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A visit to the aquarium
had been on our list of things to do for some time.
Kathleen managed to score "two for one" coupons so we packed the
cameras and headed out. The photos below are from my new
Olympus OM-D E-M1 camera and 12-40mm f/2.8 lens. The E-M1
is the successor to my E-M5 that has done yeoman duty on a
number of trips including Europe. This model has some
ergonomic improvements as well as no low-pass filter.
The photos in the
aquarium were technically challenging: low light, wide
apertures, high ISO, moving subjects, inability to use a flash unit
and glass windows covered with greasy hand prints. And to
make things more difficult, the glass and plexiglass used for
the tank windows had an index of refraction that was different
from both the sea water and air. The result was
reflections from both sides of the window depending on the
inside and outside lighting, each slightly different.
Based on these constraints, the E-M5 did a great job.
The photos below are what we saw.
mini-sub was used as part of Scripps Institute of Oceanography
research efforts. I am sure that a dive was an angst-producing
looking at you, kid". Interestingly, the bigger fishes
were attracted to our presence at the window to their tank.
the tank dwellers were curious of our arrival. Since the
aquarium was essentially deserted, I am sure it was our motion
that attracted them.
tank had brightly colored anemones.
adjacent tank had this ugly brute, some kind of eel with a face
like a retired boxer.
the eel was a nice anemone that had thick tentacles.
nice lime-green anemone looked good enough to eat. And
speaking of eating, the spiny structure in the left rear of the
photo is a sea urchin which is the source of the Japanese
delicacy Uni, one of my favorites.
tank had jelly fish. These creatures, though fragile, have
stinging tentacles that frequently make life unpleasant for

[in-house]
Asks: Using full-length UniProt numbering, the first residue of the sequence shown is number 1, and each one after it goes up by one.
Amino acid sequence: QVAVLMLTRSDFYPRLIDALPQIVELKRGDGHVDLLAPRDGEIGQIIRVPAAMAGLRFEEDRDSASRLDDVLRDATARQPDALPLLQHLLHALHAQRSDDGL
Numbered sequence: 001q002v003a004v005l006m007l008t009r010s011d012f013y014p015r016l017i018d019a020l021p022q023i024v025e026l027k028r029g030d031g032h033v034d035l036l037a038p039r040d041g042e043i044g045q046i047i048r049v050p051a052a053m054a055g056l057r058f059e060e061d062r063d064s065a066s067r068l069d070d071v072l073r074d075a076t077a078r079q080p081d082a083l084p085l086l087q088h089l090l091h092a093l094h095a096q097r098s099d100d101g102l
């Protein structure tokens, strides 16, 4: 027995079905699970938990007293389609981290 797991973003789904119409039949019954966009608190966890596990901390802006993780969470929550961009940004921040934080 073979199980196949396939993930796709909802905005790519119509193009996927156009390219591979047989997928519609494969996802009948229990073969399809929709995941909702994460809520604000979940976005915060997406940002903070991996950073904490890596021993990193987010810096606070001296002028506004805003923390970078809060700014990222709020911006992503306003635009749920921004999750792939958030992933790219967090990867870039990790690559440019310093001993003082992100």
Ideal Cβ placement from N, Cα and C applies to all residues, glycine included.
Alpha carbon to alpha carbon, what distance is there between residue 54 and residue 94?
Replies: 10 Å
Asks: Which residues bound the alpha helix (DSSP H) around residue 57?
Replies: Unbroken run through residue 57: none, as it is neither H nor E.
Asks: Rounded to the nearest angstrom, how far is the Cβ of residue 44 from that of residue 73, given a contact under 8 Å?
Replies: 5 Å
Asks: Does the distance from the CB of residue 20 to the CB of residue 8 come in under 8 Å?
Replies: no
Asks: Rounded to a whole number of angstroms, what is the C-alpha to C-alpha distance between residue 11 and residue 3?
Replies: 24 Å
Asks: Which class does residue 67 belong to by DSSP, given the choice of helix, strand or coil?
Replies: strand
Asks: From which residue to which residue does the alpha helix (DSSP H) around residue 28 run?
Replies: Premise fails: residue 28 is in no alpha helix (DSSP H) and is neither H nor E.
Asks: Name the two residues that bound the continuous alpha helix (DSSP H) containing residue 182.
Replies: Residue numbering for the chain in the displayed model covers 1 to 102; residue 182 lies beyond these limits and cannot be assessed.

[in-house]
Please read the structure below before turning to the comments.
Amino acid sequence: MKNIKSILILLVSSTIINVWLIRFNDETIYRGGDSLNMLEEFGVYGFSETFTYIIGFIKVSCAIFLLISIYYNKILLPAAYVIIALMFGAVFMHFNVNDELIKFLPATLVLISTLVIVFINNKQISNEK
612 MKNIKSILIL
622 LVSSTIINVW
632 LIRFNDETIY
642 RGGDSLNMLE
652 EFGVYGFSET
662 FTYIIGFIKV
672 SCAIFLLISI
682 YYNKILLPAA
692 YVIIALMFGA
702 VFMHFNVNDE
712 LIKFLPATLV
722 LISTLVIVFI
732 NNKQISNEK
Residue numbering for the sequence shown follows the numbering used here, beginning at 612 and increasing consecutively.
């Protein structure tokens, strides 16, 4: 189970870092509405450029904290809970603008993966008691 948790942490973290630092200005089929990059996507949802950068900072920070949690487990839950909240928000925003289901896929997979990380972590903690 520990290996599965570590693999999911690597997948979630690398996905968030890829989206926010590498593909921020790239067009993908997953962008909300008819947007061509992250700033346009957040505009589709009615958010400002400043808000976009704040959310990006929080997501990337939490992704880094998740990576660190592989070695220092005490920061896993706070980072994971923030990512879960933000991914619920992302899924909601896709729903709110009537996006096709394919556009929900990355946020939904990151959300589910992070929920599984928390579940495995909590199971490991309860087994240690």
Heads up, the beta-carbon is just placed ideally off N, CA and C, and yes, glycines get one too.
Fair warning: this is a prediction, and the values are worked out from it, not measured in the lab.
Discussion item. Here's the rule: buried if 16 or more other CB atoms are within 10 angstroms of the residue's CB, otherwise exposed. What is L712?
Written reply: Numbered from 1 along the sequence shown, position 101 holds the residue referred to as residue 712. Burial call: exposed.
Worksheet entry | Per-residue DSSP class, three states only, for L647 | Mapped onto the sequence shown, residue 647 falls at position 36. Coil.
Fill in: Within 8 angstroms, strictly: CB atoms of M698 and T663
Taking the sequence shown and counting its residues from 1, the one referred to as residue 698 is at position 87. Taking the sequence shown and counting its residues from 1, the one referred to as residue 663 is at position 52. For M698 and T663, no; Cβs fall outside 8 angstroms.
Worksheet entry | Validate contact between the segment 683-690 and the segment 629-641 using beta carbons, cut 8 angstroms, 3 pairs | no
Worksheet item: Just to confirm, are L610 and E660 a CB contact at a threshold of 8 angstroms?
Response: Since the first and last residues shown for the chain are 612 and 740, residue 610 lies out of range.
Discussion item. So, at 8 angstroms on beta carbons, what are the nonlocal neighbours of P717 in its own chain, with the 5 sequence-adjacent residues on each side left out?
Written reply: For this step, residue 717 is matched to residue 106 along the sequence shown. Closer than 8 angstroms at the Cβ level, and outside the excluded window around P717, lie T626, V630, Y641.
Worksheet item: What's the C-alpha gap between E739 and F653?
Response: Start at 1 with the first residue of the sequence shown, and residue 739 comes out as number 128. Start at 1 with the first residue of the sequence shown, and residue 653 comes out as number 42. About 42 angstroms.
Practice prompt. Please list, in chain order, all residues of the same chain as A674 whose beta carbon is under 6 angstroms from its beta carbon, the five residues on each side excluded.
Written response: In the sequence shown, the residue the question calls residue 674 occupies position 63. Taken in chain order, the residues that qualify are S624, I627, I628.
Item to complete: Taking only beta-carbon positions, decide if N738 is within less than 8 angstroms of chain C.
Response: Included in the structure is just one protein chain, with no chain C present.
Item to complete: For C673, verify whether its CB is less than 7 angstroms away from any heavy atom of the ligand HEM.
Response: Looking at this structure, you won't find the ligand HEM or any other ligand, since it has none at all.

swimmers. The venom from their tentacles stun their prey,
usually small fish, so it is quite powerful.
jelly had nice colors. The particles above the jelly are
the larger tanks was a simulation of a kelp bed. There were
plenty of fish in the exhibit, but most were "just fish".
At the bottom of the tank were these leopard sharks. The
fellow in the foreground had significant damage to his dorsal
fint; they look as if they have been bitten or torn. The
plexiglass window of this tank was at least 6" thick resulting
in significant distortion of the image.
In a smaller tank
with thinner windows we were able to get a nice closeup of
these fish with intricate marking patterns.
tropical tank had the most colorful fish. Look closely at
the largest fish at the top center of the photo; he appears to
be blind. He had some kind of fungus covering his cornea.
this fellow in the act of expelling a mouth full of sand as part
of a nest-building exercise. The big pile of sand in the
foreground of the photo above was moved by him.
reef-dwelling fish were using the anemones as their hunting
dark colored stripe on this guy passes over his eye; the eye is
colored as well.
tentacles were in constant motion as they searched for food
at the tide pool display, we got a nice view of the La Jolla
coast and the Scripps Institute pier.
fish uses the corals for both cover and as a feeding ground.
tank had several kinds of sea horses and brightly colored
The sea horses have a
prehensile tail but their mouths are fused into a tube that
allows strong suction to capture their prey. They propel
themselves with the small fin on the back that flutters at a
There were more sea
horses in yet another tank. Note Kathleen's reflection
in the glass; this was unintentional.
These sea dragons got
my vote as the most bizarre creatures at the aquarium.
They are suction feeders and have tiny fluttering fins for
locomotion like the sea horses, but they move in packs and
have brightly colored markings.
Not all whales in
this photo are statues. Can you find the 4th whale?
Aquarium at the Scripps Institute is a great place. The
location on the hill provides a dramatic view of the La Jolla
coastline. The exhibits are both visually attractive and
informative. It is worth a visit if you are in the area.
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